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How to Keep the Peace When Children Share a Room

06/03/2014 | Beds, Bedtime, Child Health, Room to Grow | by Jane Thomas

In previous posts, we have discussed childhood bedtimes: the importance of a regular bedtime and the physical and emotional effects of not having a set bedtime. We have also discussed some ways to achieve a regular bedtime and a sufficient amount of sleep for your children. However, a new problem can arise when siblings share a bedroom.sharing a bedroom

 

Setting a Regular Bedtime

The primary concern is how to have a regular, set bedtime when your children share a bedtime and are different ages with different sleep habits and requirements. It is not going to work if you try to force your older child to go to bed the same time as your younger child. To do so will only create resentment in your older child. Moreover, if they have the same bedtime, they will be tempted to play and talk, instead of sleep.

 

The solution is different bedtimes. Your younger child can be put to bed first. This gives your older child some special pre-bed activity time reading or doing some other quiet activity. Then, when your younger child is asleep, it is bedtime for your older child.

You may discover that bedtime is the easiest problem to address when siblings share a room. Some other areas, which need addressing, are the need for personal space, and privacy.

 

Personal Space

Your children may accept the idea of sharing space, but they probably have some toys and other items they want to keep as their own. The best way to deal with this is to provide a special place for your children to keep their own possessions. If you are able to do so, provide separate night stands, dressers and closet areas. If this is not possible, separate the drawers in the dresser and other furniture so each child has their own. It is also a good idea to make children ask permission to use each other’s toys and other items.

If the difference in age means that your younger child cannot understand the rules, provide a place for your older child’s possessions the younger child cannot reach. One mother provided a locking trunk with a key for her older child’s Legos. It also works to have two different toy boxes. You can also designate certain toys for sharing.

 

Privacy

Sometimes space is at such a premium that siblings of the opposite sex must share a room. This can become a problem as they get older. It is best to have children of the opposite sex have their own room by six years old, but not every family can do so. Again, setting up consistent boundaries is imperative. Children can change at different times; in a different area, such as the bathroom or in the parent’s room; or in a curtained area or walk-in closet.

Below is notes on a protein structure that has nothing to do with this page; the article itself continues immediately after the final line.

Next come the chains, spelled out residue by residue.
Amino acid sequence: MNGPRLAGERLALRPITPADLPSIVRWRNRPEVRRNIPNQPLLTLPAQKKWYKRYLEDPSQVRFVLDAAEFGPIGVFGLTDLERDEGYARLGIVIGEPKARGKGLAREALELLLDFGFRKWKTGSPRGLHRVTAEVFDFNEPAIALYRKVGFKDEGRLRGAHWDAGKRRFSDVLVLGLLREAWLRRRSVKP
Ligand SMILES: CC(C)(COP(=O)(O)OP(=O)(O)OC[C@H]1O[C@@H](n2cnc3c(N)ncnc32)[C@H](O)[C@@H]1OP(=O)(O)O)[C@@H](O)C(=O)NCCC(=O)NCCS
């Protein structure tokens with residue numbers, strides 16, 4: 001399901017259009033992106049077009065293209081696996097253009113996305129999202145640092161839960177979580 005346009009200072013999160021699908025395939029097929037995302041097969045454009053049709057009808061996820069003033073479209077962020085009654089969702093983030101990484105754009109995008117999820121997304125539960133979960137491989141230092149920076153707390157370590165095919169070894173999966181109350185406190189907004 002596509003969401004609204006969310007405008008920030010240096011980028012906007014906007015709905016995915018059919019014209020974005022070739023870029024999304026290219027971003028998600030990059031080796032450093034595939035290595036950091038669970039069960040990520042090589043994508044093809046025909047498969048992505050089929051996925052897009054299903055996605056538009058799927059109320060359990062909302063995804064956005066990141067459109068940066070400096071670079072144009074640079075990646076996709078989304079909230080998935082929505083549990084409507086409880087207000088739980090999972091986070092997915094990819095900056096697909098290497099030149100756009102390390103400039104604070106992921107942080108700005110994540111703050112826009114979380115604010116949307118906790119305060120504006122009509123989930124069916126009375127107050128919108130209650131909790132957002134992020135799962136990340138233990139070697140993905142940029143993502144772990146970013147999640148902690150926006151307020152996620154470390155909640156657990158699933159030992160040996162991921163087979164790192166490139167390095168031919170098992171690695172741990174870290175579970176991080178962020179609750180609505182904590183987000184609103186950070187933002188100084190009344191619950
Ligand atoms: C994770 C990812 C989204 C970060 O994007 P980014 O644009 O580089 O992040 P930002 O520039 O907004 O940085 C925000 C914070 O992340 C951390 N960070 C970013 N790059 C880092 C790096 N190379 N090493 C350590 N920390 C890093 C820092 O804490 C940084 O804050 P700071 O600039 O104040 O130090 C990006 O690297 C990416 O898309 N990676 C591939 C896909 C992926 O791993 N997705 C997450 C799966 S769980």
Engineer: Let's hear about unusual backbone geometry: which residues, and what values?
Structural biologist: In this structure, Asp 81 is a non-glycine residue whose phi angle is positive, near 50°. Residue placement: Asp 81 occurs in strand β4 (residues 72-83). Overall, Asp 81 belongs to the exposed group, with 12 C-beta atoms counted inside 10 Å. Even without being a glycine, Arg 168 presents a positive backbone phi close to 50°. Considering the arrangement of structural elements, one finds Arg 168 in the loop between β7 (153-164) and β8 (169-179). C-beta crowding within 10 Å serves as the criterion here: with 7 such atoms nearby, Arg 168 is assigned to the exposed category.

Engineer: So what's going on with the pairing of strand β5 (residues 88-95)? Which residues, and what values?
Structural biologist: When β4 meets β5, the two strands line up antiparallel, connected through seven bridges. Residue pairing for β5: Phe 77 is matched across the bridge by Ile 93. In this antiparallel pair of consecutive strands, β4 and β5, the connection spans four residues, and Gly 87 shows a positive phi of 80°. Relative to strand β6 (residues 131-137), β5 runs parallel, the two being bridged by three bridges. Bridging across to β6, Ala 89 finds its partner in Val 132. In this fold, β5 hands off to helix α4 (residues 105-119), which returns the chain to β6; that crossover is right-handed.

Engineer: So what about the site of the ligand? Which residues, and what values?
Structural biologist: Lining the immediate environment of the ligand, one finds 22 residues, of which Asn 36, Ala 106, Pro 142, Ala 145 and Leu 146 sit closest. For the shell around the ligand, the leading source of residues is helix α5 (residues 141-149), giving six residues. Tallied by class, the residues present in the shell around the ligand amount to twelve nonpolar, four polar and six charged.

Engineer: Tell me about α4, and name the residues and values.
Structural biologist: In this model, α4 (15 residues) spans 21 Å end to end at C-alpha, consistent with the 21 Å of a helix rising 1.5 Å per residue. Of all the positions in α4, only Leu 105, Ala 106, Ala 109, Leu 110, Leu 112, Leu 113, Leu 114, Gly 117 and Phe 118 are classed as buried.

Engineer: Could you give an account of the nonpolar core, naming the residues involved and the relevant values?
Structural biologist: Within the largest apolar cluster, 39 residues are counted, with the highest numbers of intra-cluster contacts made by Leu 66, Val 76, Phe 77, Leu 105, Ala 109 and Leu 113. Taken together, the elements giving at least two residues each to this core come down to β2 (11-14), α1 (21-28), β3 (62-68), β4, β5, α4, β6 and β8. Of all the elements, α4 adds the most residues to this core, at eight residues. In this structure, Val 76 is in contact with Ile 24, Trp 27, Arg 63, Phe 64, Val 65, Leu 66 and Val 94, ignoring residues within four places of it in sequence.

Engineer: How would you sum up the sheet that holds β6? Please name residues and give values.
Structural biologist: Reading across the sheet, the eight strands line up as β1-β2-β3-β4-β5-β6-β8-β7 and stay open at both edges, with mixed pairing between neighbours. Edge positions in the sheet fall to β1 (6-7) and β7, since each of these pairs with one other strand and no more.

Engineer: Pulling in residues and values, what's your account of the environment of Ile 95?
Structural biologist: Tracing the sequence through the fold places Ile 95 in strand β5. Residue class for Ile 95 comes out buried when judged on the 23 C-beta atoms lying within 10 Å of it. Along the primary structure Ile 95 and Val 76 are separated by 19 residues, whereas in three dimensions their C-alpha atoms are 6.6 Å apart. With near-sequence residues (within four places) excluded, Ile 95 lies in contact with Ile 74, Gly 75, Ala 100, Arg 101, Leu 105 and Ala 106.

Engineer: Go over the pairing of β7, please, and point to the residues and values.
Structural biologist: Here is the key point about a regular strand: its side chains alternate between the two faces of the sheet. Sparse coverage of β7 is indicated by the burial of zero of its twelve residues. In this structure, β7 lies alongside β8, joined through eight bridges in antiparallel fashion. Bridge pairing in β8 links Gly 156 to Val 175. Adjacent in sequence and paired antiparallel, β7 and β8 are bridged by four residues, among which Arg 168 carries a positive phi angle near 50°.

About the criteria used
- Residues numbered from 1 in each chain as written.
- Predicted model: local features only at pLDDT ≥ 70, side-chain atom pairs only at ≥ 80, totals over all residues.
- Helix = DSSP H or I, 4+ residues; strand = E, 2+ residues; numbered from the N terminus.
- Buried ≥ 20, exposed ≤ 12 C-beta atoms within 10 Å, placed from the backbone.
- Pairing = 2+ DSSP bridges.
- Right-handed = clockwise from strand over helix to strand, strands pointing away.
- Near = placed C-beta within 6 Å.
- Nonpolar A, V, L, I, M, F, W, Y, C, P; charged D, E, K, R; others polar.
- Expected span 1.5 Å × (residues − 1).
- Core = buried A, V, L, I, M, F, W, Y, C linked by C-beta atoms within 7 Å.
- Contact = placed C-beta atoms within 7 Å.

Conflicts and Arguments

Again, the key is being proactive. Set up rules and explain the consequences if your children break them. Also, make sure that your children understand that you, as a parent, have the last word when conflicts and argument arise.

 

Transition

When your children are informed they will now share a room, you can make the transition easier by how your handle it. Emphasize that the room belongs to both of them. You may wish to have them help with re-decorating the room – choosing paint color and theme, new bedspreads – and organizing the space.

 

Tips and Hits

•           If you have enough space in your home, consider having the bedroom only for sleeping, with a play area elsewhere in the home.

•           If  having your older child’s belongings safe is really a problem, help your older child pack away breakables until your baby or toddler is old enough to understand boundaries.

One thought on “The Colour of Sleep: How You Decorate Your Room Could Be Affecting Your Sleep Patterns

  1. Helen says:

    Very useful tips, thank you so much! I definitely needed the motivation to finally de-clutter my house and organize the kid’s room! Cheers, my website

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